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Looking at the nutritional facts on an egg carton, I see that one medium sized egg satisfies 71% of the daily nutritional requirements for cholesterol. Many bodybuilders eat up to a dozen of eggs per day, putting them well over the suggested amount of cholesterol. For example, Jay Cutler eats 2 whole eggs and 10 egg whites for breakfast. This puts him at 142% the suggested cholesterol, if we're being conservative and assuming most of the cholesterol is in the yolk. His 4 other meals throughout the day will put him even more over the limit. If you're an active person like Jay Cutler, can you safely consume more than the suggested daily requirements for cholesterol without damaging the heart? Does exercising flush out cholesterol at many magnitudes faster than being sedentary?

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+1 Id like to know this too as I've been eating 4 eggs some days for a while. – rmx Jun 30 '11 at 10:19
All the cholesterol is in the yolk. That's why Jay limits himself to 2. 12 would probably be unhealthy, even for an active person. – Jeremy Stein Jun 30 '11 at 13:32
"Normal plasma cholesterol in an 88-year-old man who eats 25 eggs a day" New England journal of medicine (28 Mar 1991). I think 12 seems like a lot, and therefore would be bad, but I'm not sure there is any research to back up what seems like common sense. – michael Jun 30 '11 at 14:02
Look at this one, guys. Is cholesterol bad for you? @rmx – user5279 Feb 24 '13 at 21:54
up vote 10 down vote accepted

Recent research has moved away from total cholesterol counts to pay attention to good HDL, neutral LDL, bad LDL and triglycerides. It has been found that some foods with high cholesterol raise the total cholesterol number, but they do it in ways that are not bad (raising large LDL and HDL). Other foods with low or no cholesterol (sugars), raise the bad LDL cholesterol and suppress HDL.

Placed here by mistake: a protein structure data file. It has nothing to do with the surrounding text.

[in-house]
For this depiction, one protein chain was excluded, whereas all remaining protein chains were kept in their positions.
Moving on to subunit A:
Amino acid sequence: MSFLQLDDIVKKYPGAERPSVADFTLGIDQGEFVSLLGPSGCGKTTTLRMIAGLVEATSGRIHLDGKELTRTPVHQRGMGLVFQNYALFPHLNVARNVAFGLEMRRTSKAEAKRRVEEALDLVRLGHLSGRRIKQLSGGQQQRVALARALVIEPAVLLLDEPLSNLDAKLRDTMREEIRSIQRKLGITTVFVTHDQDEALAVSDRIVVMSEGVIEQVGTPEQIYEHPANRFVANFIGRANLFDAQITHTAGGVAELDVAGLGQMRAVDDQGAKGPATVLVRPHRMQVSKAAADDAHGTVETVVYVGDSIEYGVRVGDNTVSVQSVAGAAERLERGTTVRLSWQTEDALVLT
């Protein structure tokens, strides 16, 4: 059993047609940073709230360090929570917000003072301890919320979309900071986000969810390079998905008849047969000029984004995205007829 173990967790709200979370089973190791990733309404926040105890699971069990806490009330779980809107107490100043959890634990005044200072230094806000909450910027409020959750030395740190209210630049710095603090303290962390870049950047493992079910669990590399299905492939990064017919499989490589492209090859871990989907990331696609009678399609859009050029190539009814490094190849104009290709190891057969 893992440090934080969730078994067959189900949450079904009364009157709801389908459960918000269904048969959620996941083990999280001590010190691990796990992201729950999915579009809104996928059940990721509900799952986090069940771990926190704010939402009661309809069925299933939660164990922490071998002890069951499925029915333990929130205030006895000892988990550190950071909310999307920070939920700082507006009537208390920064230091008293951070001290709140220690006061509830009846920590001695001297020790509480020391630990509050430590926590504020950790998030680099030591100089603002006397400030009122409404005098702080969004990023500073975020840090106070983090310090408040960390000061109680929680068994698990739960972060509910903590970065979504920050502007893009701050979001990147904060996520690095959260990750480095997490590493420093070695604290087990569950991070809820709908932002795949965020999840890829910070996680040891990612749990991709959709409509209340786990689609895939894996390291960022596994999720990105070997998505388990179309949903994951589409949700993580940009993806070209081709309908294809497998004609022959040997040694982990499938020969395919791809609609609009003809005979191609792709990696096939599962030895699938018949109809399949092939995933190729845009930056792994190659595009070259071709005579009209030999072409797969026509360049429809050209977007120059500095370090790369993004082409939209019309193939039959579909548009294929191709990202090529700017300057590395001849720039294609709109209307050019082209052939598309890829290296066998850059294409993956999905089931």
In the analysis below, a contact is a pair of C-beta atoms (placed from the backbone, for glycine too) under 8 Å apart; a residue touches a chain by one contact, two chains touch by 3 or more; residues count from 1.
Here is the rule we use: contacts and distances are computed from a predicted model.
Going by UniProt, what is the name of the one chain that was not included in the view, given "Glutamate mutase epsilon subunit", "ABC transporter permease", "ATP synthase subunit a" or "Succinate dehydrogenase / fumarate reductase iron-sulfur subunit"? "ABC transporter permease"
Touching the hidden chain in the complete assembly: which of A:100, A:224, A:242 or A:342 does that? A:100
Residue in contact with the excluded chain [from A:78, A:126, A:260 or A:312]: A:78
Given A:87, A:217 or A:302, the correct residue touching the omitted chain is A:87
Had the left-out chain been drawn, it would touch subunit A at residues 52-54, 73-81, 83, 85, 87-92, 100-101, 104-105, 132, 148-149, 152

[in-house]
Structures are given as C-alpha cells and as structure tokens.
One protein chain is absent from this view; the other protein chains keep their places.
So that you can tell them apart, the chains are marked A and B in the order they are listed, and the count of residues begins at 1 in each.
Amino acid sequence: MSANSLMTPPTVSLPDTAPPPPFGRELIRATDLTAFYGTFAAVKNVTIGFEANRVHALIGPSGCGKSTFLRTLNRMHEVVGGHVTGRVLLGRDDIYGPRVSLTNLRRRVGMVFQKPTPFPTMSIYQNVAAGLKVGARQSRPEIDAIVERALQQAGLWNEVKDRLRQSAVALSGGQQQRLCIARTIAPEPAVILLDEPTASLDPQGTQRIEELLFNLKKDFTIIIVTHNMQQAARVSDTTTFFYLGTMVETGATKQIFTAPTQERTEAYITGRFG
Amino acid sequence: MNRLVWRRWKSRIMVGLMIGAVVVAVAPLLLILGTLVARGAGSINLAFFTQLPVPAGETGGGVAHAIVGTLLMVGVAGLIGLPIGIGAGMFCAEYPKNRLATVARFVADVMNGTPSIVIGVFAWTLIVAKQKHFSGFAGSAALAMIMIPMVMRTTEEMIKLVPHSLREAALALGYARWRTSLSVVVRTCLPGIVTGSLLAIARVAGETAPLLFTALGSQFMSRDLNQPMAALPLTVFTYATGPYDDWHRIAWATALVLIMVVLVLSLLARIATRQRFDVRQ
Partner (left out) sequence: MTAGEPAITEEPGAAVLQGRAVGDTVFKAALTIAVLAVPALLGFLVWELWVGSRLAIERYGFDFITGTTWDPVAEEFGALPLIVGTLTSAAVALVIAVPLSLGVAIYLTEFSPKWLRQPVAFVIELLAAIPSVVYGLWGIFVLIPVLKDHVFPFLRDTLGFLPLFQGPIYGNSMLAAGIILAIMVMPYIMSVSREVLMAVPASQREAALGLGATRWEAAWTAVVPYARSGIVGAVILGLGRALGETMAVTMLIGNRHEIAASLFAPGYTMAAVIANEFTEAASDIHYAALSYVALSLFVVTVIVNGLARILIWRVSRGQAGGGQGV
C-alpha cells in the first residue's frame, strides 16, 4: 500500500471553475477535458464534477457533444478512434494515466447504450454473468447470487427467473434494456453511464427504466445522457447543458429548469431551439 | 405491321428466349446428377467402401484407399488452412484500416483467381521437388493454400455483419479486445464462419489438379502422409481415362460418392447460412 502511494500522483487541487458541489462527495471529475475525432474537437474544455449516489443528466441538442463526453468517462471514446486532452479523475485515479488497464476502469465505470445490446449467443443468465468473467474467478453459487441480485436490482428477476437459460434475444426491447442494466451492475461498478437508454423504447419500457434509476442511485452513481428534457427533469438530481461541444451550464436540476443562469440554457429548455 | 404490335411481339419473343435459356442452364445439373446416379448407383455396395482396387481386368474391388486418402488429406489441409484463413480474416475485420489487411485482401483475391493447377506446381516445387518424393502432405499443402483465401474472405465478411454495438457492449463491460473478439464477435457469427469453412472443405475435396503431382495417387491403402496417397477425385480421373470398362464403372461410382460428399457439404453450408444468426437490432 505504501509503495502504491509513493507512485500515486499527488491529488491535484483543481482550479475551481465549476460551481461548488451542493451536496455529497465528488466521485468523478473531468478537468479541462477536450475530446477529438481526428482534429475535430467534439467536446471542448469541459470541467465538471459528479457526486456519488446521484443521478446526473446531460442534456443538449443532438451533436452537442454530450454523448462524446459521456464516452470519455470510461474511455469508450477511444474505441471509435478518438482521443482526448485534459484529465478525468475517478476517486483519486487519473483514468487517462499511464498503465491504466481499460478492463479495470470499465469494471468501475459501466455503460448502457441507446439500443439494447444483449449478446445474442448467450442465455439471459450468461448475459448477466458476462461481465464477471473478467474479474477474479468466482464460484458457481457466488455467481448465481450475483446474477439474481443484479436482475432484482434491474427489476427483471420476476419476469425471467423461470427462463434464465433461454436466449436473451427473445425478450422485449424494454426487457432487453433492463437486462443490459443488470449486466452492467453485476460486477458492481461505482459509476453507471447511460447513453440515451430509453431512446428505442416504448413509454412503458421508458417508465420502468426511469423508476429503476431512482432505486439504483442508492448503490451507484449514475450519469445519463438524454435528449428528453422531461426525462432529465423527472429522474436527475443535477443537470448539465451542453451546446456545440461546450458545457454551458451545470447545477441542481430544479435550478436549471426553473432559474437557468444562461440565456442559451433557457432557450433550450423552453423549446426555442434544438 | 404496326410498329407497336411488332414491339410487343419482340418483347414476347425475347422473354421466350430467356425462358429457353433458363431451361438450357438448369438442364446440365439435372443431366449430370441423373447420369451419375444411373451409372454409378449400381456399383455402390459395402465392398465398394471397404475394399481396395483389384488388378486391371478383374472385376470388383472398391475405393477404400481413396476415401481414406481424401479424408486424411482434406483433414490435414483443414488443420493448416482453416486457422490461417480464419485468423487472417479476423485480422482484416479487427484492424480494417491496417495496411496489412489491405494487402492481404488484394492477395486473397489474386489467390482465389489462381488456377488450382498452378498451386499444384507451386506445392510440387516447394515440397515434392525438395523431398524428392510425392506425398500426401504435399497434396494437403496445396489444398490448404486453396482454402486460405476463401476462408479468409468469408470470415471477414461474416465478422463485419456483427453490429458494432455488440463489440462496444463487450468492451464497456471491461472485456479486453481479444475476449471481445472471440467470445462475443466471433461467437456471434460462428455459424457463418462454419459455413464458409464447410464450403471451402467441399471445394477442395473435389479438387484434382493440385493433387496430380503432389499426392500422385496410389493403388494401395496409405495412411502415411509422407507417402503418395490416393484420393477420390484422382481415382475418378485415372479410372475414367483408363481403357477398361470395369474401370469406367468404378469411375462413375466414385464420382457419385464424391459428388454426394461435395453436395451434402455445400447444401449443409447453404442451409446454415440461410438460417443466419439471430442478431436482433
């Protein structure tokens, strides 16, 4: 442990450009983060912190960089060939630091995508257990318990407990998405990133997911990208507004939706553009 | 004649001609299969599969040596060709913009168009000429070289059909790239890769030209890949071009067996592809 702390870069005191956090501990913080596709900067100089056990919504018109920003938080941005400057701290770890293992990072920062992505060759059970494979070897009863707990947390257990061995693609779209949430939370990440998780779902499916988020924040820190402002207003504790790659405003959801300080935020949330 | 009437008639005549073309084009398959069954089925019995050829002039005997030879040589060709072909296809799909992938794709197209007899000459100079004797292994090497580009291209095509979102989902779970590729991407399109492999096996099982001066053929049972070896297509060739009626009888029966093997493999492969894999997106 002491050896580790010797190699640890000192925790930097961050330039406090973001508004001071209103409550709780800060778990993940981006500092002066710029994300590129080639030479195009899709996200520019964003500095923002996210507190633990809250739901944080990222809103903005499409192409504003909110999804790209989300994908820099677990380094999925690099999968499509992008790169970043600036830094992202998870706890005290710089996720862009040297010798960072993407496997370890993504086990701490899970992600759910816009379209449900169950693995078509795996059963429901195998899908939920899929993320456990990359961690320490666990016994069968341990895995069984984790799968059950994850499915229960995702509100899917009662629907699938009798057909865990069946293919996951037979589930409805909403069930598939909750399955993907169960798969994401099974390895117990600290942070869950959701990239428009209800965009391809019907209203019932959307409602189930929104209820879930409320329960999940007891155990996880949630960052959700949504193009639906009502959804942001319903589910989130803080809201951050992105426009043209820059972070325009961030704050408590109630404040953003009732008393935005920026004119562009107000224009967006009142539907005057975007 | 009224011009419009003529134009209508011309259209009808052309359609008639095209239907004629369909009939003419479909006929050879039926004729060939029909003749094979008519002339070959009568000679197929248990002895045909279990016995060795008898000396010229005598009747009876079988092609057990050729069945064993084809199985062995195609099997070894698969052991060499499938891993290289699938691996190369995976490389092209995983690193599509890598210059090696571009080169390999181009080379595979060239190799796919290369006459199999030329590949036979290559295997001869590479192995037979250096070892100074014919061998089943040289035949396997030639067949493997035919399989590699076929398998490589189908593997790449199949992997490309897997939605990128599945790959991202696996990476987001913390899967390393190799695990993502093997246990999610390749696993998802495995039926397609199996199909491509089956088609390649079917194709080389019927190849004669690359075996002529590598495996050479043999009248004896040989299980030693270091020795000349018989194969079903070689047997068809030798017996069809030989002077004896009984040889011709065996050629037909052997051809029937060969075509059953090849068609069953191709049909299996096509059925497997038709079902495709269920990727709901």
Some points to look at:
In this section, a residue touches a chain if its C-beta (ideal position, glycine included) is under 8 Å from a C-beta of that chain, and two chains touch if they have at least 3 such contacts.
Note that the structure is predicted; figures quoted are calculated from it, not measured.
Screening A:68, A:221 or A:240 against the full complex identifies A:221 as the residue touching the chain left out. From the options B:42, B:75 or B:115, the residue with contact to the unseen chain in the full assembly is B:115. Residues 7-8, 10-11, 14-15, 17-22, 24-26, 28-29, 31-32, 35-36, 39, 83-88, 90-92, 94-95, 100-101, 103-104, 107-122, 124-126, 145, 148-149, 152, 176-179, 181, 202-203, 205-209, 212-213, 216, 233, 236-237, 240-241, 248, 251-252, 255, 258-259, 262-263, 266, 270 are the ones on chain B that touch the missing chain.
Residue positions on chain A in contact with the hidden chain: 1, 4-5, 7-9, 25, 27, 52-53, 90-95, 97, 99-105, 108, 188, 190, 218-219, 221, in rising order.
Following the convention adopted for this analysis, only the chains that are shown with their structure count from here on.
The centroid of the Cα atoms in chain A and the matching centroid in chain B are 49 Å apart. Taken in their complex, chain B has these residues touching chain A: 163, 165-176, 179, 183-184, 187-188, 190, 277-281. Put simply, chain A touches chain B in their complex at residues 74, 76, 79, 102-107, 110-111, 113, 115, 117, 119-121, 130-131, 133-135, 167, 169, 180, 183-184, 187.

But, your question centers on eggs, so here is an abstract from 2006: Dietary cholesterol provided by eggs and plasma lipoproteins in healthy populations Fernandez, Maria Luz

The lack of connection between heart disease and egg intake could partially be explained by the fact that dietary cholesterol increases the concentrations of both circulating LDL and high-density lipoprotein (HDL) cholesterol in those individuals who experience an increase in plasma cholesterol following egg consumption (hyperresponders). It is also important to note that 70% of the population experiences a mild increase or no alterations in plasma cholesterol concentrations when challenged with high amounts of dietary cholesterol (hyporesponders). Egg intake has been shown to promote the formation of large LDL, in addition to shifting individuals from the LDL pattern B to pattern A, which is less atherogenic.

It is important to note that the end goal is not cholesterol numbers, but heart disease avoidance. The first sentence in that abstract tells the tale: there is not a connection between eggs and heart disease.

There is an abundance of research showing that exercise improves your cholesterol profile. Here is the first result I got on google scholar:

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I can't name sources or studies, but I believe the warnings about dietary cholesterol are obsolete. Cholesterol in your diet has little effect on cholesterol in your blood.

Other factors like carbs in your diet, exercise and your genes do have an effect, so a physically active person should have lower cholesterol.

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I would love to see sources instead of "I believe". Although, I do remember reading what you've written, so I'm guilty of that too. – Gabe Sep 4 '11 at 19:29

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